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TSB Whistletree ‘mortgage prisoner’ trial set for next year

Written by: Anna Sagar
A long-awaited case to decide whether TSB Whistletree borrowers were financially exploited is set to be heard at the High Court next year.

TSB and law firm Harcus Parker have agreed to a High Court hearing next year which would “let a judge rule once and for all whether its Whistletree mortgage customers were financially exploited”. However, the dates have yet to be disclosed.

The case centres on claims by mortgage borrowers under TSB subsidiary Whistletree that they have been trapped into paying high rates by the group.

Whistletree was set up in 2016 to manage Northern Rock mortgages acquired from the Government’s holding firm UK Asset Resolution (UKAR).

TSB purchased the £3.3bn of mortgages held by approximately 200 homeowners. 

It has been claimed that the mortgage holders have overpaid £50,000 in interest as they allege Whistletree has almost doubled the rates since the loans were bought. The group also claim that until recently, borrowers were not allowed to transfer onto TSB rates. 

Harcus Parker represents over 6,500 former Northern Rock mortgage prisoners and more than 1,200 claimants with TSB Whistletree mortgages.

But after it was confirmed last year that a legal claim had been brought against TSB worth up to £800m, the law firm said up to 27,000 customers could potentially make a claim.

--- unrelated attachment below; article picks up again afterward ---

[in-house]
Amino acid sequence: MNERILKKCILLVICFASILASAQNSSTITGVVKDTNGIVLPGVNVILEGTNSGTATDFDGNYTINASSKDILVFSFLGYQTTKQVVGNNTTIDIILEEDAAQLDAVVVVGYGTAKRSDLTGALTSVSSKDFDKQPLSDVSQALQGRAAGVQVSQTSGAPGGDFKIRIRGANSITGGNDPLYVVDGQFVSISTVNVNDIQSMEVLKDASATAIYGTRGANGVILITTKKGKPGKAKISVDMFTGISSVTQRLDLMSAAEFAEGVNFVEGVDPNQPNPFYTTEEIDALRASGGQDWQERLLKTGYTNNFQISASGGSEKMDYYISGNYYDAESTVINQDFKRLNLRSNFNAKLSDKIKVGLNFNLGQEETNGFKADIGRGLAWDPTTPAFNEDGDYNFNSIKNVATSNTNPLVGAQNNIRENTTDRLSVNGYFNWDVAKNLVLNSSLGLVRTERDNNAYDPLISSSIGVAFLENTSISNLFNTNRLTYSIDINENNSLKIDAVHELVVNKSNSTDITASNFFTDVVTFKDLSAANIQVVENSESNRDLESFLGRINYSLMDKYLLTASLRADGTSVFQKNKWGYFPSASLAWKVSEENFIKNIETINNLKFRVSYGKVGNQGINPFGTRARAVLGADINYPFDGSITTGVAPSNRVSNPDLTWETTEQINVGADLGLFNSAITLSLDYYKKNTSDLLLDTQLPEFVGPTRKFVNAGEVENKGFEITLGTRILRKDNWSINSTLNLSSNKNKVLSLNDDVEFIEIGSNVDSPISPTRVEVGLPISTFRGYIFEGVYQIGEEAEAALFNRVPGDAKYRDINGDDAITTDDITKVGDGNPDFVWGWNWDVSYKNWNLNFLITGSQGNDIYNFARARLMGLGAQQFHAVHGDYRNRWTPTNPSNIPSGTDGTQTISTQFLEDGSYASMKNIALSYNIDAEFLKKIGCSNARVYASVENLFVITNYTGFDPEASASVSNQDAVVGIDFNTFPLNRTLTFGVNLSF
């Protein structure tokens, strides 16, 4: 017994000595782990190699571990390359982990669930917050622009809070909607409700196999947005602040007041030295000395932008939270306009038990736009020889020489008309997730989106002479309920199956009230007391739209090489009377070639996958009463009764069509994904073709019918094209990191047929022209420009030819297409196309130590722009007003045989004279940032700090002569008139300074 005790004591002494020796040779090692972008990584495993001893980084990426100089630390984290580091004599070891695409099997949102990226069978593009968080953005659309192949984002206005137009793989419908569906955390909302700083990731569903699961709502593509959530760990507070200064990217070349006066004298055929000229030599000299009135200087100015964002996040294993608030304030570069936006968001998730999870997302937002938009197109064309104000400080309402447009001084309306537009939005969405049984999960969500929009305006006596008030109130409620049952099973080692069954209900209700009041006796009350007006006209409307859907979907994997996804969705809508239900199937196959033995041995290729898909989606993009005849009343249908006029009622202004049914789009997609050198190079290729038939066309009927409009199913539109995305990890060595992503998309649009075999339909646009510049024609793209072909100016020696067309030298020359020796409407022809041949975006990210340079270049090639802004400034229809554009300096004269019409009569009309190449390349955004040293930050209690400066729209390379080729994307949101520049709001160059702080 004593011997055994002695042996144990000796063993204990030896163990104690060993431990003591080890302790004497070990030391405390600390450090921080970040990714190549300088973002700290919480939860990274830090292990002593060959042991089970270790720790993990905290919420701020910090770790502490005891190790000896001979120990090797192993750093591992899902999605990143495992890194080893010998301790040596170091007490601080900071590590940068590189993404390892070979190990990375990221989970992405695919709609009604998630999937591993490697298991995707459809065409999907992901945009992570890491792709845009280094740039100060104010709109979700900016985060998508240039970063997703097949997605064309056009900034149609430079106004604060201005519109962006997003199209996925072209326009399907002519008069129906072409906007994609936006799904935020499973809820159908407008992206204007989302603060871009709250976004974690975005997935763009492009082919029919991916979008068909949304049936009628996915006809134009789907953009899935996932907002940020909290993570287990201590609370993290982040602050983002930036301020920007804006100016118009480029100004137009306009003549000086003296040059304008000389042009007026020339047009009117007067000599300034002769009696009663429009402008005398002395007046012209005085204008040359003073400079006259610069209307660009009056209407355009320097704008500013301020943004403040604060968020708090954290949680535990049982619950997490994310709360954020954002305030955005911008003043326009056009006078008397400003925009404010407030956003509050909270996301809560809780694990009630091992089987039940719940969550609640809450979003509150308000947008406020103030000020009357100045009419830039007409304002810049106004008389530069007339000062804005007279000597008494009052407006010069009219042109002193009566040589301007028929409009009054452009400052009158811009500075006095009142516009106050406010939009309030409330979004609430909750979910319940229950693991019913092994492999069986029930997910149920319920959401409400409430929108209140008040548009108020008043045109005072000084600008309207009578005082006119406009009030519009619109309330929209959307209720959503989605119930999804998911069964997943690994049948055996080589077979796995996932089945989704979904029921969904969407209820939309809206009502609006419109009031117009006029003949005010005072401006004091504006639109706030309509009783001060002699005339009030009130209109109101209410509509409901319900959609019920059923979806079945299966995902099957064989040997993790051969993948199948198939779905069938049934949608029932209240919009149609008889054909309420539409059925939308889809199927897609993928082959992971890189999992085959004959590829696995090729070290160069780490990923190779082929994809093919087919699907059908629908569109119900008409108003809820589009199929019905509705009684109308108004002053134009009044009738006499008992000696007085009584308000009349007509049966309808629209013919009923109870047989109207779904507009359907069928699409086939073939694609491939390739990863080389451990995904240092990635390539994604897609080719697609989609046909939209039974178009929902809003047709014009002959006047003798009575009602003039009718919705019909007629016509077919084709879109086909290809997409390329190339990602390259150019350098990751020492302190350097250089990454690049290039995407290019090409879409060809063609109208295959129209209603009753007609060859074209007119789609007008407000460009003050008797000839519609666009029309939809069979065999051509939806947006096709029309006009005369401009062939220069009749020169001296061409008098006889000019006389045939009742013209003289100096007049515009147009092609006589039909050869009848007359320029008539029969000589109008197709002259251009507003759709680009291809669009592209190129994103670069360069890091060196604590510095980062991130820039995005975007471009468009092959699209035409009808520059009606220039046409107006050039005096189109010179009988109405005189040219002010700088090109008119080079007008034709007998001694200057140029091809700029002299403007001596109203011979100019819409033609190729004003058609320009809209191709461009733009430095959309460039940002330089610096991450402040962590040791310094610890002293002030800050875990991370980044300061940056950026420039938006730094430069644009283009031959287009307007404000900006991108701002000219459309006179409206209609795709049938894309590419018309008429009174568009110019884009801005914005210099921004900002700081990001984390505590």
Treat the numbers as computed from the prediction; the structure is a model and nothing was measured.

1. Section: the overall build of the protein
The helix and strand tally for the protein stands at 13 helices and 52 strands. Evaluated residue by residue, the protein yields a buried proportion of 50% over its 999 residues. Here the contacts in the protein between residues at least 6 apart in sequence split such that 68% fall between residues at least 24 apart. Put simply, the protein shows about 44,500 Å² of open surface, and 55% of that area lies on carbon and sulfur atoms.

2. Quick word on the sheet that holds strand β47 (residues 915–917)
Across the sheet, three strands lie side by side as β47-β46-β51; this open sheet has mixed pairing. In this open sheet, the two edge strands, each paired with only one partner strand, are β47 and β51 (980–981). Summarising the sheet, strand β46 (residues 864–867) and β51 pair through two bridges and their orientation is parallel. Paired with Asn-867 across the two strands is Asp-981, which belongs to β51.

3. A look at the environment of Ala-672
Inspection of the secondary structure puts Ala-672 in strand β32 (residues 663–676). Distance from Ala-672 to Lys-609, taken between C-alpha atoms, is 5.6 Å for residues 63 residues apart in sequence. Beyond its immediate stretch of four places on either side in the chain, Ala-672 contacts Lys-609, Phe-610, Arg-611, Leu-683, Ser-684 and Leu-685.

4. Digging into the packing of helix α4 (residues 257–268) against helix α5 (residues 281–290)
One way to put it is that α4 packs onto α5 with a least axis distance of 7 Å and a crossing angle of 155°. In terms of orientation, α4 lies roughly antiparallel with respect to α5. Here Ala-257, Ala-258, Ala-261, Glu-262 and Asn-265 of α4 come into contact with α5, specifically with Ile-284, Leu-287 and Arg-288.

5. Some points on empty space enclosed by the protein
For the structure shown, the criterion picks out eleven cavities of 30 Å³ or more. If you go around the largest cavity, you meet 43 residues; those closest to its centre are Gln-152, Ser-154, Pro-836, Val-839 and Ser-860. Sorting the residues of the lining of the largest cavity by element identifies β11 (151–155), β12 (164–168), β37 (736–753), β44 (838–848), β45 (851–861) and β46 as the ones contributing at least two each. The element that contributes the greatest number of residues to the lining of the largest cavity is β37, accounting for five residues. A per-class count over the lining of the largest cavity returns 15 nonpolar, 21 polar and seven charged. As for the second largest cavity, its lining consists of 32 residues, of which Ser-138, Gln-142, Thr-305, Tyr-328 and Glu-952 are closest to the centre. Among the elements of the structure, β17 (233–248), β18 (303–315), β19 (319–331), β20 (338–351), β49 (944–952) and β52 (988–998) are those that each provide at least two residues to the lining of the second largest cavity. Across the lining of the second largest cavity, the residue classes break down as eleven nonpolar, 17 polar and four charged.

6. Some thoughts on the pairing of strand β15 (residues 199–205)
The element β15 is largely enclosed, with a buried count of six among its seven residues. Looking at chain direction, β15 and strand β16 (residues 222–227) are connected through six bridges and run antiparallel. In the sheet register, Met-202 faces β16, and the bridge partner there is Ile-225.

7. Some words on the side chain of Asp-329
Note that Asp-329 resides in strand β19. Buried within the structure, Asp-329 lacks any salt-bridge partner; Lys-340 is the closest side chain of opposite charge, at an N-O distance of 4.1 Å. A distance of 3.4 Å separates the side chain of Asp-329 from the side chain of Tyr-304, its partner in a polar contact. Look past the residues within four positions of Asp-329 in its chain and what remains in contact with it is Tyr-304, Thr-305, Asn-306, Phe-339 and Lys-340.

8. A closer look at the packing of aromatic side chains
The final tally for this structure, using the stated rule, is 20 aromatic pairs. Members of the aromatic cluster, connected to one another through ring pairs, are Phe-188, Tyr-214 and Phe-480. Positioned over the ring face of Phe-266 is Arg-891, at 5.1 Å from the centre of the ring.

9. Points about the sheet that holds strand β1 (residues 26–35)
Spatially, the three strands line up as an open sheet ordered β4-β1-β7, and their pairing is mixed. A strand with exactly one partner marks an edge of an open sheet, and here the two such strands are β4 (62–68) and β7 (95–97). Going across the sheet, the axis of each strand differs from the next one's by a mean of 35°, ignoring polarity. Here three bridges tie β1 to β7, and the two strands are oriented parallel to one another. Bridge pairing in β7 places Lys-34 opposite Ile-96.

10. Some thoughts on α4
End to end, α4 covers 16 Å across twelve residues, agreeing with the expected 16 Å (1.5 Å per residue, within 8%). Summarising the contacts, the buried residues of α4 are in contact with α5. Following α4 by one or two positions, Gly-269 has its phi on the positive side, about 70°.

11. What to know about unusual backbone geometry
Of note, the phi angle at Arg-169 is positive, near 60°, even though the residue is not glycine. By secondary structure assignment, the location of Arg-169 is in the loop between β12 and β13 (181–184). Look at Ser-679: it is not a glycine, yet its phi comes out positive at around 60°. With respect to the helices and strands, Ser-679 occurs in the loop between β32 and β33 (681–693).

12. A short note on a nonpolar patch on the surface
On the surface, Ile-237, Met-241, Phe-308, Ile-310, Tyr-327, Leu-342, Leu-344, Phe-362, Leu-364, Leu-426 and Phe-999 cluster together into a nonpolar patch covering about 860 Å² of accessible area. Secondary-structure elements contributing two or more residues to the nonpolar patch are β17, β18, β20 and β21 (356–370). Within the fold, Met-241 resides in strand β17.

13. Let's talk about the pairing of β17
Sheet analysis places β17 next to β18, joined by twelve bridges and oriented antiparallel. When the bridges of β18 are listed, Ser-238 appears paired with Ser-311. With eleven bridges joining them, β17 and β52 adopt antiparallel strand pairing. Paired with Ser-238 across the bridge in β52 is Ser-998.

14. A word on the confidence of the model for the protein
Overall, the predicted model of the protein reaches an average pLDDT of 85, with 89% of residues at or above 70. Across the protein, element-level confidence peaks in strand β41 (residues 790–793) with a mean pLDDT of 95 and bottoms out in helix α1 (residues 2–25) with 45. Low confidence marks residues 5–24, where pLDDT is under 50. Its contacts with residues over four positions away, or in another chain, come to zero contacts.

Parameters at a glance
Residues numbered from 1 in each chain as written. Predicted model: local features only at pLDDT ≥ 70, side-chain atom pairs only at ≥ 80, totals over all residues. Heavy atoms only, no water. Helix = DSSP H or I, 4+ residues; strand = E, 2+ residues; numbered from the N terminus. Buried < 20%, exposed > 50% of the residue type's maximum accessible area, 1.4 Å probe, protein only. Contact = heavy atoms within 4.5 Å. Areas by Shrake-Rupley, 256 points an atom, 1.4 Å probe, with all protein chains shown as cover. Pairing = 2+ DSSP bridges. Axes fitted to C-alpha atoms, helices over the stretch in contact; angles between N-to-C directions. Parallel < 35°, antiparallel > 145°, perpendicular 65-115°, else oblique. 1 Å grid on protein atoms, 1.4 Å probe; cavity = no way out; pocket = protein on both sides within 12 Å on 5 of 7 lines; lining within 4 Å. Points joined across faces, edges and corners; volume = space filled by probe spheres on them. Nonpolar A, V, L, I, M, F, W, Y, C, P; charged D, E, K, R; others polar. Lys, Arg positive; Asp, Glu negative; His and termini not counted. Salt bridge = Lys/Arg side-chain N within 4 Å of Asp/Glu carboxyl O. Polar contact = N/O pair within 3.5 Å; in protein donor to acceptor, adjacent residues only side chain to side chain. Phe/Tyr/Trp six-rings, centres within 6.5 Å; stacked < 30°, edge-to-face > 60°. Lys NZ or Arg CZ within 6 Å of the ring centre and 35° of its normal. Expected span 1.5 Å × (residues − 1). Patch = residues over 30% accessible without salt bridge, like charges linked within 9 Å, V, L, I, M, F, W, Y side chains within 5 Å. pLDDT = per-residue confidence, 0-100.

Following the agreement for the High Court showdown next year, a two-day hearing on the group litigation order application that had been scheduled for this week has been suspended.

Case could set legal precedent

Damon Parker, senior partner at Harcus Parker, said the step forward was welcome, but urged other mortgage prisoners to sign up to the claim, noting that legal time limitations may curb the amount of compensation they receive.

He said: “The fact that we will now have a trial to decide if TSB has breached the terms of my clients’ mortgage contracts is very positive news.

“It means that the whole process can be expedited. We are confident in our contention that Whistletree customers were unfairly trapped on high interest rates and that they should be repaid back the extra money TSB unfairly charged them.”

Parker said that he hoped to “set a legal precedent” for all mortgage prisoners across the UK.

‘Whistletree customers are not mortgage prisoners’

A TSB spokesperson said that it had agreed with Harcus Parker that they would work together to find a date after 26 June to attend a hearing to decide how the case would be managed going forward.

They said that this may involve the court making preliminary decisions on legal points at the appropriate stage, but any decisions would not be made until next year at the earliest.

The spokesperson added: “Whistletree customers are not mortgage prisoners. Since we took over the management of these mortgages, over two thirds of Whistletree customers have either moved to a new mortgage or closed their mortgage with Whistletree. We write to every customer, twice a year, to remind them that they can switch.”

It is understood the firm has invested over £1m and introduced the ability to switch to new Whistletree products and better rates.

Product transfers are available for those who are in arrears and may have negative equity, and customers can move to other lenders if they meet affordability and credit check criteria.

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